Earth-friendly concrete, an all-electric and renewable energy strategy and innovative heat sharing between offices and homes, are just some of the primary foundations of building this sustainable district. New homes at The Founding – the first collection of net-zero apartments to launch – off er expansive open-plan apartments set within thoughtful architecture and interior solutions, with beautiful landscaping on each resident’s doorstep. Th e scheme further benefits from panoramic views across London’s skyline while being surrounded by an enviable 12 acres of green and blue space, from parks to woodlands, alongside the docks and River Thames, enhancing the location’s natural biodiversity.

The Founding

“Canada Water is the most ambitious regeneration project underway in London and The Founding is just the first chapter in the destination’s eco-friendly evolution,” says Emma Cariaga, Head of Residential and Joint Head of Canada Water, at British Land. “We’re creating an innovative, once-in-a-lifetime new destination for London, meeting the demands and sustainable priorities of generations today and in the future.”

While significant, creating a sustainable place isn’t limited to operational practices, which in this case, are market-leading. Surrounded by green space and waterways, this new community, will enjoy revitalised wetlands and enhanced accessibility to nature from a central London location, all of which have proven benefits for mental and physical wellbeing to further enhance Canada Water’s broader sustainability proposition.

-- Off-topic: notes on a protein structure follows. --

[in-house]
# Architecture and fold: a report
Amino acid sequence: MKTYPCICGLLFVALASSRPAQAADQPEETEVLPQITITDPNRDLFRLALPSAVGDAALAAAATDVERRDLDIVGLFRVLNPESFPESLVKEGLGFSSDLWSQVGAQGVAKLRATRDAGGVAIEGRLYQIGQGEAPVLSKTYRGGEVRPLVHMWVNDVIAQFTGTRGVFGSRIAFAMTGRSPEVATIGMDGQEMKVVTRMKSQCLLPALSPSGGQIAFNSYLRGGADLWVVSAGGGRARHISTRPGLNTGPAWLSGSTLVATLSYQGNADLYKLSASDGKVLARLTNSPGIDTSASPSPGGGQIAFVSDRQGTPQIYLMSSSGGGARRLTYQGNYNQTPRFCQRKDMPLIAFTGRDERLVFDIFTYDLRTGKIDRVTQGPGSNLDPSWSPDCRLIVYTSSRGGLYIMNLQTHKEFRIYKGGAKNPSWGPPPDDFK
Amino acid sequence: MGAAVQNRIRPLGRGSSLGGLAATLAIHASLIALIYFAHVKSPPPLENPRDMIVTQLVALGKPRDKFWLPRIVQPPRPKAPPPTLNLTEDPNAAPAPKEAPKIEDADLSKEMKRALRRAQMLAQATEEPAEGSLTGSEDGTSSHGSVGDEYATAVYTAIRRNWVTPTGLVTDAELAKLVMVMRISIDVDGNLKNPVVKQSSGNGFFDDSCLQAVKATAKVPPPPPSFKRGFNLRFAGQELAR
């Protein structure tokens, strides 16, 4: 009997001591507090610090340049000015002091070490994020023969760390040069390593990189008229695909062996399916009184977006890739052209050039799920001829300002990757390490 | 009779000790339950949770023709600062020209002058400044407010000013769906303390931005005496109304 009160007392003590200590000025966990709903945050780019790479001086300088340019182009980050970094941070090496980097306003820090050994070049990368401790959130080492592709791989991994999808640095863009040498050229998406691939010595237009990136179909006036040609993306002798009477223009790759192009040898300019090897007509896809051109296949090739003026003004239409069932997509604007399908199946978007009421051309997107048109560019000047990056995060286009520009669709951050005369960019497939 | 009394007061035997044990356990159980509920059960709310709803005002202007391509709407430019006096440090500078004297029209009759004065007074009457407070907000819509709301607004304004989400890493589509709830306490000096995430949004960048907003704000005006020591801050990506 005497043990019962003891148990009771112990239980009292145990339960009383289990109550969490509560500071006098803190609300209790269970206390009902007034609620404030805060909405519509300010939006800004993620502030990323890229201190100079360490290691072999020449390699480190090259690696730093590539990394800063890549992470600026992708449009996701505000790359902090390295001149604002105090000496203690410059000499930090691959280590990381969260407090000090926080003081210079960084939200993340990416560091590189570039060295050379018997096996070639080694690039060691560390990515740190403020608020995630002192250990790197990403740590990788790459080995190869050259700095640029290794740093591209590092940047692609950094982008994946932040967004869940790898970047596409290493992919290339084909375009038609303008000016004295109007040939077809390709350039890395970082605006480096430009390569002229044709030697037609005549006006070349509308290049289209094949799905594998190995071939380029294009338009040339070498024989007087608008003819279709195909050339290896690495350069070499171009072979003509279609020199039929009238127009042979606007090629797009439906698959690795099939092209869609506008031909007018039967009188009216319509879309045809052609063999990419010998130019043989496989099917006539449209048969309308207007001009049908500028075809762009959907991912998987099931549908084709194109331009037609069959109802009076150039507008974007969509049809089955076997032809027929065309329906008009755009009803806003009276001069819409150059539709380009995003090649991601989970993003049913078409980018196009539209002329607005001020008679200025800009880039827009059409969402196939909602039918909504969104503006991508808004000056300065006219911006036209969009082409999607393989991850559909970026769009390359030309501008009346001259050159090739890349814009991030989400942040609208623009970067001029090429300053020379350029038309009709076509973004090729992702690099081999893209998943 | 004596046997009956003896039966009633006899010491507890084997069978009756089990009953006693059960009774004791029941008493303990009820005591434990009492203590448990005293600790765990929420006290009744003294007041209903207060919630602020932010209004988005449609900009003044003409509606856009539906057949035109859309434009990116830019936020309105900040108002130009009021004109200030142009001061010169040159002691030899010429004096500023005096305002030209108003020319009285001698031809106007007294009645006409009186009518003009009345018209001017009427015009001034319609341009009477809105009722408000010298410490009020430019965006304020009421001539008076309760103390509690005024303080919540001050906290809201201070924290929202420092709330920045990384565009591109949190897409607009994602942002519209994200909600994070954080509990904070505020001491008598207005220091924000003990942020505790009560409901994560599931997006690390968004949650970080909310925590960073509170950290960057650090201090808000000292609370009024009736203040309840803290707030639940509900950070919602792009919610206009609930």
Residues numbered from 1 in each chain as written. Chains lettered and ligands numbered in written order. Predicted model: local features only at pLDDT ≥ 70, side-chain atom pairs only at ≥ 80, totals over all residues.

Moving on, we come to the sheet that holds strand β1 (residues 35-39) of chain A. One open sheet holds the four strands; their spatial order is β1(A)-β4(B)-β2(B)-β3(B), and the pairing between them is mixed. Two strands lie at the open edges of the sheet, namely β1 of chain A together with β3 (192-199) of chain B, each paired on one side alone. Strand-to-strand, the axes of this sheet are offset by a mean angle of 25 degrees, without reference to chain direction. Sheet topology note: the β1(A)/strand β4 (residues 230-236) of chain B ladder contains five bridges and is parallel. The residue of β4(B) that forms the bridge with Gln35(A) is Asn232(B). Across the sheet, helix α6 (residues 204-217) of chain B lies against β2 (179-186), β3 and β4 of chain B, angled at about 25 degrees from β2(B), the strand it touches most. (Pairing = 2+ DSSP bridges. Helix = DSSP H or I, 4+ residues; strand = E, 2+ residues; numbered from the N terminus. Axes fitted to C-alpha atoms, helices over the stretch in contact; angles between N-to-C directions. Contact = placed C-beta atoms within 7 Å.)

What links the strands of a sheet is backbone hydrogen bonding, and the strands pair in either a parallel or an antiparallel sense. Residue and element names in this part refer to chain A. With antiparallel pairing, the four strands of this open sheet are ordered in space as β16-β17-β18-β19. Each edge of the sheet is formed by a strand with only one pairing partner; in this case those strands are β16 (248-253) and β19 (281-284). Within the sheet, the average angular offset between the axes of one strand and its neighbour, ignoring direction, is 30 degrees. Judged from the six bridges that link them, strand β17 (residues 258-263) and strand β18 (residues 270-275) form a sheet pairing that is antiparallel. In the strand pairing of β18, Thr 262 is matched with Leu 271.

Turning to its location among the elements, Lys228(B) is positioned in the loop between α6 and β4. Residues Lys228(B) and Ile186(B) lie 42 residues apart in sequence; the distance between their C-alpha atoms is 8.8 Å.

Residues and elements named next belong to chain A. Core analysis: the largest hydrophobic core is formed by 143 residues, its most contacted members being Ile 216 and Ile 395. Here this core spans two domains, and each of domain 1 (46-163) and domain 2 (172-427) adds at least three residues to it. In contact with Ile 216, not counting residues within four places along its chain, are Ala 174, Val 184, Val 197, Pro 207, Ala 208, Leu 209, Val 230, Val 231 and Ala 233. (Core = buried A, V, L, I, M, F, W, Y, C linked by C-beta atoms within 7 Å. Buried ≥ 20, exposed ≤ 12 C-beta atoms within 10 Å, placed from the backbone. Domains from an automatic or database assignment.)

The Founding

Across the pond and believed to be the most sustainable condominium building ever built in New York City, Charlotte of the Upper West Side is a project inspired by and designed for a socially conscious generation. At the creative helm – is celebrated brand BKSK Architects, basing their design on an engineering approach to meet the exacting standards of the German-based Passive House Institute. This state-of-the-art building ‘boosts its residents’ health, wellbeing, safety and comfort’ and recently became the first condominium in NYC to be certified by the organisation.

The building features just seven full-floor homes, including a duplex penthouse residence with multiple terraces and a garden residence with gracious private outdoor space. Each home houses four bedrooms with ensuite baths, including a separate master bedroom wing, as well as a generous kitchen-living-dining room with floor-to-ceiling windows. Each residence at Charlotte of the Upper West Side is also crafted entirely with sustainably sourced materials.

Charlotte of the Upper West Side

All wood flooring, doors and window frames, including custom Henry built kitchens and bathroom vanities, are certified by the Forest Stewardship Council. In addition, each home has its own state-of-the-art, Swiss engineered energy recovery ventilation system that delivers fresh filtered air to each room, repeatedly exchanging stale indoor air with fresh outdoor air. Robust insulation and airtight seals minimise air leaks and drafts, keeping rooms consistently comfortable and quiet, while significantly reducing energy consumption.